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IP: Don’t just show it: Federal Circuit denying implicit experimental use defenses

Hamilton Beach Brands, Inc. v. Sunbeam provides an example of how failing to explicitly state a defense can turn sour.

The Federal Circuit’s opinion in Hamilton Beach Brands, Inc. v. Sunbeam Products, Inc. reminds practitioners to be explicit in identifying the defenses that they will be relying upon. Specifically, the majority did not address an experimental use defense to an on-sale bar allegation. Despite references to facts supporting an experimental use defense, the patentee did not use the catchphrase “experimental use” in presenting its defense, and the majority declared that the defense had not been raised.

Under the pre-Leahy-Smith America Invents Act (AIA), a patent can be held invalid based on an on-sale bar. In Pfaff v. Wells Elecs., Inc., the Supreme Court set forth a two-prong test for an on-sale bar: (1) more than one year prior to the date of patent application in the United States, the invention was the subject of a commercial offer for sale; and (2) the invention was ready for patenting before the critical date. An experimental use defense, however, negates any sale or offer for sale if the primary purpose of the transaction was experimental or developmental, e.g., EZ Dock v. Schafer Systems, Inc, Federal Circuit, 2002.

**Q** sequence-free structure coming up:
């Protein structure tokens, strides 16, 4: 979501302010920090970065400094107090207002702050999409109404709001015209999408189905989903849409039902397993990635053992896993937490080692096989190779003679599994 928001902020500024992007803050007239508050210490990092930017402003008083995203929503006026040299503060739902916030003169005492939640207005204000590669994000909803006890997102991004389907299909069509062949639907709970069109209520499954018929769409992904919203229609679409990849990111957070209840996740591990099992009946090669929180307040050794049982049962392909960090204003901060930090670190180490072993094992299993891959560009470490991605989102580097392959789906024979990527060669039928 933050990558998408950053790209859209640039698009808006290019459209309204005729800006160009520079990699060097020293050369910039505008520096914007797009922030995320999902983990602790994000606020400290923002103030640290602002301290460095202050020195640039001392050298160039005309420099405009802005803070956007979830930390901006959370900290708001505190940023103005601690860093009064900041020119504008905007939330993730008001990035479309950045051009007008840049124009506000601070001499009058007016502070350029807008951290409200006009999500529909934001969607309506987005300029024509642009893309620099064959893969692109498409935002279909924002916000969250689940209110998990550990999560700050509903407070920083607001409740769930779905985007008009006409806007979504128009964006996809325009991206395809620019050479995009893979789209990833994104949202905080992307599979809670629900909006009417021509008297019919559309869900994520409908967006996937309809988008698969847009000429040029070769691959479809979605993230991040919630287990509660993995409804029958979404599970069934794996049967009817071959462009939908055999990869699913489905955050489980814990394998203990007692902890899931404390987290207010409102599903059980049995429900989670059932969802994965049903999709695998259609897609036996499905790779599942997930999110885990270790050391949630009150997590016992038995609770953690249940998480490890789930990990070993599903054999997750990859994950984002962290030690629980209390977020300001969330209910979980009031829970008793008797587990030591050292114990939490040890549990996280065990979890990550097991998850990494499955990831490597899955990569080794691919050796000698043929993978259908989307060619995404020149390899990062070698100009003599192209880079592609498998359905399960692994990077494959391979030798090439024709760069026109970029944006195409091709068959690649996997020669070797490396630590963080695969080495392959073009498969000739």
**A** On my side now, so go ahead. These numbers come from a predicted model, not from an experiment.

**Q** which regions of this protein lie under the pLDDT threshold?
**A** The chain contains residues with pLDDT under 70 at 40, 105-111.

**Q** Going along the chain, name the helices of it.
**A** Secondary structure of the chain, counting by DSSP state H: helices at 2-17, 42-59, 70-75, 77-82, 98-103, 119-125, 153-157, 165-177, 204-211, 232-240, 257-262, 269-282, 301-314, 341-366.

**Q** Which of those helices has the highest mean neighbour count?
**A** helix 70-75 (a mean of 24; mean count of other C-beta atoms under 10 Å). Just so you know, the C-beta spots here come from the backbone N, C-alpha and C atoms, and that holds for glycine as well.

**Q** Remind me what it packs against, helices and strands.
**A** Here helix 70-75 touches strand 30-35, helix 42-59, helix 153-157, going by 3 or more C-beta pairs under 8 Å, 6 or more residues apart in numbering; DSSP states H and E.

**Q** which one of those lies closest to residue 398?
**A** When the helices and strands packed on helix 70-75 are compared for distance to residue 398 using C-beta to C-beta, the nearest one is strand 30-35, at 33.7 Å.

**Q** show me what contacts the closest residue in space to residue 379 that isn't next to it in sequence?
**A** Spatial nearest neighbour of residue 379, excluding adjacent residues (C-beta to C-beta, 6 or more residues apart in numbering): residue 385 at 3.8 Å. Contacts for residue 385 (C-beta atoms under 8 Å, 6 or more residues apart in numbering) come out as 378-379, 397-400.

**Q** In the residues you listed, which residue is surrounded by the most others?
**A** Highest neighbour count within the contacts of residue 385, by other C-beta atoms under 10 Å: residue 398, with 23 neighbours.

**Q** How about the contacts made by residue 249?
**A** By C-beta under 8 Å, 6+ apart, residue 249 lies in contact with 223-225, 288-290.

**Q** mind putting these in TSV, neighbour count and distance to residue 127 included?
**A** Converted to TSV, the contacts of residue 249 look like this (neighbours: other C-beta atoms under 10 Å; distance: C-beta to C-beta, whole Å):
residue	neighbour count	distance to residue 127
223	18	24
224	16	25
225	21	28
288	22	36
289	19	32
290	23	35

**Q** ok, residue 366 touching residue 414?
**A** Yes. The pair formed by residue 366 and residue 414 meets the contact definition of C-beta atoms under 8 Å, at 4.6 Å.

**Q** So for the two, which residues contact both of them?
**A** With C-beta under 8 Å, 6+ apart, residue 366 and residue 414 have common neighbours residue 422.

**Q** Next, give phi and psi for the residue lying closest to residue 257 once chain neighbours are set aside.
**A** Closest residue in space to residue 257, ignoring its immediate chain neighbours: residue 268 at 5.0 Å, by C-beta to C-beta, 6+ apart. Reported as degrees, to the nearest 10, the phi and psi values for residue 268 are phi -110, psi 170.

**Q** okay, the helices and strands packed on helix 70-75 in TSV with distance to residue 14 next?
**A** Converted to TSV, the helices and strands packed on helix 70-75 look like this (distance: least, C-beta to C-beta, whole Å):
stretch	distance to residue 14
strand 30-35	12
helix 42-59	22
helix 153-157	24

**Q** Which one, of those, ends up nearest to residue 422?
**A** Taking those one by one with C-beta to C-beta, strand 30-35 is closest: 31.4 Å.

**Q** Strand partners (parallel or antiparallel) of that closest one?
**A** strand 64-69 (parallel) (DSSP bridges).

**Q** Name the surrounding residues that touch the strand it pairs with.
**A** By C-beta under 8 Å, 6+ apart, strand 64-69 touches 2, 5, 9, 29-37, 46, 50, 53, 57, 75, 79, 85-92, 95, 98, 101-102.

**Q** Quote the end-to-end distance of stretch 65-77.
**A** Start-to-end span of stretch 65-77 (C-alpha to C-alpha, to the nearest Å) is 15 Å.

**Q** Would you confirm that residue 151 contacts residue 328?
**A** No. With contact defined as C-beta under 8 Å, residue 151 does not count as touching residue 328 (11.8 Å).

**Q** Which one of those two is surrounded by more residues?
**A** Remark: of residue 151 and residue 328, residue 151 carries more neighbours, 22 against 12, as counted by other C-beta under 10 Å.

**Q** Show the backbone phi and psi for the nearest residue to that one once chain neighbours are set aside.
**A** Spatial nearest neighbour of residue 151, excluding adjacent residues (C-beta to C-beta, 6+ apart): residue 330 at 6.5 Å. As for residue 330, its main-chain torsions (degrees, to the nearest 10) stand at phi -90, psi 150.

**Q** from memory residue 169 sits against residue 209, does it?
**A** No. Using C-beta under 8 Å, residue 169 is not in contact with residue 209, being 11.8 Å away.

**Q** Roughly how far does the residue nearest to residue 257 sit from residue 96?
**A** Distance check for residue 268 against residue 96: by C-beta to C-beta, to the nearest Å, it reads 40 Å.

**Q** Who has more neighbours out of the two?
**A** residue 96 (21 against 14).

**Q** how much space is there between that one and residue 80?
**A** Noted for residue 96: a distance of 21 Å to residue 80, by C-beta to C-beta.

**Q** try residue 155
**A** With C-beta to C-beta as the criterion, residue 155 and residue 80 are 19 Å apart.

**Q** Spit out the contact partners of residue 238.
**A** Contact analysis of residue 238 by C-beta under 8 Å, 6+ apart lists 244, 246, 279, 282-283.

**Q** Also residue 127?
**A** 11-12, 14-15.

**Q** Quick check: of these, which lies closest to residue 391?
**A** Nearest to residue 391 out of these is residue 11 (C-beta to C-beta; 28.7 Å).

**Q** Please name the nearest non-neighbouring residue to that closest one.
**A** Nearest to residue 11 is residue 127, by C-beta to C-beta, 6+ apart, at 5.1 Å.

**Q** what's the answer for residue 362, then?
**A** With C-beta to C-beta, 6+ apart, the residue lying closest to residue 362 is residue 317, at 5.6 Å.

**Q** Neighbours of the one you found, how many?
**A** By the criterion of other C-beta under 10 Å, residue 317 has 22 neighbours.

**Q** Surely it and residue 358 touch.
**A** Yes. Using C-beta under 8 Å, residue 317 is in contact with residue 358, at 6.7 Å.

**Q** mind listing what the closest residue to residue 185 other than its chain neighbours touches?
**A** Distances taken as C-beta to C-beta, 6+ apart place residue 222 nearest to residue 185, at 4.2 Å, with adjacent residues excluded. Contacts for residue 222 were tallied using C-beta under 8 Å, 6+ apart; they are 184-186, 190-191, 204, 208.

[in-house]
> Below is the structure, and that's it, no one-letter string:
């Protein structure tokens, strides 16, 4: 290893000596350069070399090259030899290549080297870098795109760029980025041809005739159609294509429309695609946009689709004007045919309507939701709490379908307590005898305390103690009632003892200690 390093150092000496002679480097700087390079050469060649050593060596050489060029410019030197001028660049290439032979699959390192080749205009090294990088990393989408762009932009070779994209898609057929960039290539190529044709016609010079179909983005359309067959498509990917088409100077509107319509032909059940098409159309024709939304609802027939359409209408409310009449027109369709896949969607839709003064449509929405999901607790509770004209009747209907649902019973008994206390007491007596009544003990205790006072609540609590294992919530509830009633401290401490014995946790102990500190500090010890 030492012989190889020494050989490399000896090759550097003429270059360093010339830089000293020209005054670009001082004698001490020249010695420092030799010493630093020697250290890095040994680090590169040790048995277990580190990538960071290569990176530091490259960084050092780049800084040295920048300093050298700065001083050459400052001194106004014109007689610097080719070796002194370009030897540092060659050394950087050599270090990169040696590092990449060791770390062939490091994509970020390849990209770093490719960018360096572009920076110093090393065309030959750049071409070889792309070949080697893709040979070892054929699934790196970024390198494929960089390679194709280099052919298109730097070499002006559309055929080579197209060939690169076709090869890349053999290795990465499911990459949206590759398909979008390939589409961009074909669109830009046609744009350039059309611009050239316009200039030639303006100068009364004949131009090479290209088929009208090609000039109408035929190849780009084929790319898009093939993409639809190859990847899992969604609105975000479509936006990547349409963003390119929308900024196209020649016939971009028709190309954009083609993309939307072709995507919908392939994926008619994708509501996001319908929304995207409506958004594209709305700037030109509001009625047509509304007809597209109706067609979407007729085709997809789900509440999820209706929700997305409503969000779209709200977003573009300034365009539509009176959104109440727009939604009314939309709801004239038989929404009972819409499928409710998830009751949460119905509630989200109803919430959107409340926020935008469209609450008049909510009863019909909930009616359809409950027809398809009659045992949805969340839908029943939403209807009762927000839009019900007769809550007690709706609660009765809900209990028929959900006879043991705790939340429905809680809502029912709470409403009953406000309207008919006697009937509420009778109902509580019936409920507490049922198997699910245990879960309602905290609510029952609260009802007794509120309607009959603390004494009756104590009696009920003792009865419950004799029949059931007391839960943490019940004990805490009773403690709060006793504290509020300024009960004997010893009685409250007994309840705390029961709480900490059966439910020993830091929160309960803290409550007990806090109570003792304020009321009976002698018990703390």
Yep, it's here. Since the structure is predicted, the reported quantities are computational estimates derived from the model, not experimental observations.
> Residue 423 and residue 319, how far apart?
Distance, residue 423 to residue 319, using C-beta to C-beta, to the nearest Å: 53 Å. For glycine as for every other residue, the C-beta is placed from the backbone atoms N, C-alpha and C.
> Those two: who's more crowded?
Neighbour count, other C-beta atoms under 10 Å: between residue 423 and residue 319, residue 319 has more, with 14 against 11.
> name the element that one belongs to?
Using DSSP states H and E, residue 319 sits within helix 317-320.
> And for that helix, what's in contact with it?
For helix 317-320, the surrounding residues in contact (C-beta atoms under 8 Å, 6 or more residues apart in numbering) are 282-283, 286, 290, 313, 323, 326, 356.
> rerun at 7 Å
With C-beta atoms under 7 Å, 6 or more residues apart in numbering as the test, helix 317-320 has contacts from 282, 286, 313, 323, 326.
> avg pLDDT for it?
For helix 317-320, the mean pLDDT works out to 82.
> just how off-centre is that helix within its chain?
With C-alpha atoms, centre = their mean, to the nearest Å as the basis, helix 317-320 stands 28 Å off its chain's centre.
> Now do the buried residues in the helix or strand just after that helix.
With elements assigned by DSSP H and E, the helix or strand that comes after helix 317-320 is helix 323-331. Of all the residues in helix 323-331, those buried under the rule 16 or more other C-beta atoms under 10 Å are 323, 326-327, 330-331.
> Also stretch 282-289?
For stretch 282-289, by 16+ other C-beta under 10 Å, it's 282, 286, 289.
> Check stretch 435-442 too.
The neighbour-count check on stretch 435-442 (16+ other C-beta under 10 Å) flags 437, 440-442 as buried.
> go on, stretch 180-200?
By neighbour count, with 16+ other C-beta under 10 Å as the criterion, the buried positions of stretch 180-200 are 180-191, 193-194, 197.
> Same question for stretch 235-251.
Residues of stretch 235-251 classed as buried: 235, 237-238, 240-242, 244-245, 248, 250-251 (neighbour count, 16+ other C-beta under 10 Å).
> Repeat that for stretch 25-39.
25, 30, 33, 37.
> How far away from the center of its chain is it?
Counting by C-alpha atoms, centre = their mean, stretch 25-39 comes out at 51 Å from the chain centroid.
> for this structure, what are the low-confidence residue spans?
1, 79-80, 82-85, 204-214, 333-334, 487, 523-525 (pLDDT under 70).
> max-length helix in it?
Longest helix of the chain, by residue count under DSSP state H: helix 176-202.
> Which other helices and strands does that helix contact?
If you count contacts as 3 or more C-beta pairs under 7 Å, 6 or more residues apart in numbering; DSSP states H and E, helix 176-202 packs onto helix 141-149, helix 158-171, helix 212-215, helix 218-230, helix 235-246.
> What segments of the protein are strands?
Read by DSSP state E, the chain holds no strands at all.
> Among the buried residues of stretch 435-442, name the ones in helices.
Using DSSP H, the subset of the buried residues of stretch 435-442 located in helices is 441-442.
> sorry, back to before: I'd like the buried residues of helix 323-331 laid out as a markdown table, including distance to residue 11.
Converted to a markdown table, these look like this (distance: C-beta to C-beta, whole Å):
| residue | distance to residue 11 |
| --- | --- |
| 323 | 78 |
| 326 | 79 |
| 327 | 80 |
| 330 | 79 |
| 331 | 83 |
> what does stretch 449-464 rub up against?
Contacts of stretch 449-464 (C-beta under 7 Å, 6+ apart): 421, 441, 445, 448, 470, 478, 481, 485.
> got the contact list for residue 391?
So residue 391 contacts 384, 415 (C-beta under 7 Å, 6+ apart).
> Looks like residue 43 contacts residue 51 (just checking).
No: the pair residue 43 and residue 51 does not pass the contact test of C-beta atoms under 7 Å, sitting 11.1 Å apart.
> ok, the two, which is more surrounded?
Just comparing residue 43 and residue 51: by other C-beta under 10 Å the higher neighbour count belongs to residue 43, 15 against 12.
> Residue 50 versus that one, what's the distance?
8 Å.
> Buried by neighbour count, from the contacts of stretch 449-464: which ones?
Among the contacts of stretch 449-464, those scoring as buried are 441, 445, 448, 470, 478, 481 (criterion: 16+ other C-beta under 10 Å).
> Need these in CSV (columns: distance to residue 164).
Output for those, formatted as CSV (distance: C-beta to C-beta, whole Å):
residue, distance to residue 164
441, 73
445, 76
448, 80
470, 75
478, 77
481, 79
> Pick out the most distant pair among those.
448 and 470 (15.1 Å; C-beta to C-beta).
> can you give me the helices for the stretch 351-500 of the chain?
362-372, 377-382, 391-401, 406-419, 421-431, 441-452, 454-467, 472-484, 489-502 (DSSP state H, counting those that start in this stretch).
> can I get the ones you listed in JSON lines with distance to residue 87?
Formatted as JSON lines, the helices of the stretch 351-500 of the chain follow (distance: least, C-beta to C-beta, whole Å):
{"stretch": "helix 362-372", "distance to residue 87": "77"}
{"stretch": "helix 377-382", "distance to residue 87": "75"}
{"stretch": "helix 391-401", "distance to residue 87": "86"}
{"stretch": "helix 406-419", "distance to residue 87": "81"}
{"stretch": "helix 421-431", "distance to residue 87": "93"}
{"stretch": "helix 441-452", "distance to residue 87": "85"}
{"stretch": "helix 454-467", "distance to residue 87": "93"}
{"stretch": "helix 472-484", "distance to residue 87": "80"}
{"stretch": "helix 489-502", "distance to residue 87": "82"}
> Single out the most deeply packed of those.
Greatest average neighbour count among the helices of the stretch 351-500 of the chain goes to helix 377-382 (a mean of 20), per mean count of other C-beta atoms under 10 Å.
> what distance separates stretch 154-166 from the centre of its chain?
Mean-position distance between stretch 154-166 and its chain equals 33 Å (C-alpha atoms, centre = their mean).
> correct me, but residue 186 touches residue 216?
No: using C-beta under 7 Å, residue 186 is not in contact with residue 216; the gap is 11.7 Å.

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Young J. Park

Young J. Park is an of counsel in the Litigation practice of Paul Hastings and is based in the firm’s New York office. His practice...

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Contributing Author

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Elina Saviharju

Elina Saviharju is an associate in the Litigation practice of Paul Hastings and is based in the firm’s New York office. Ms. Saviharju focuses her...

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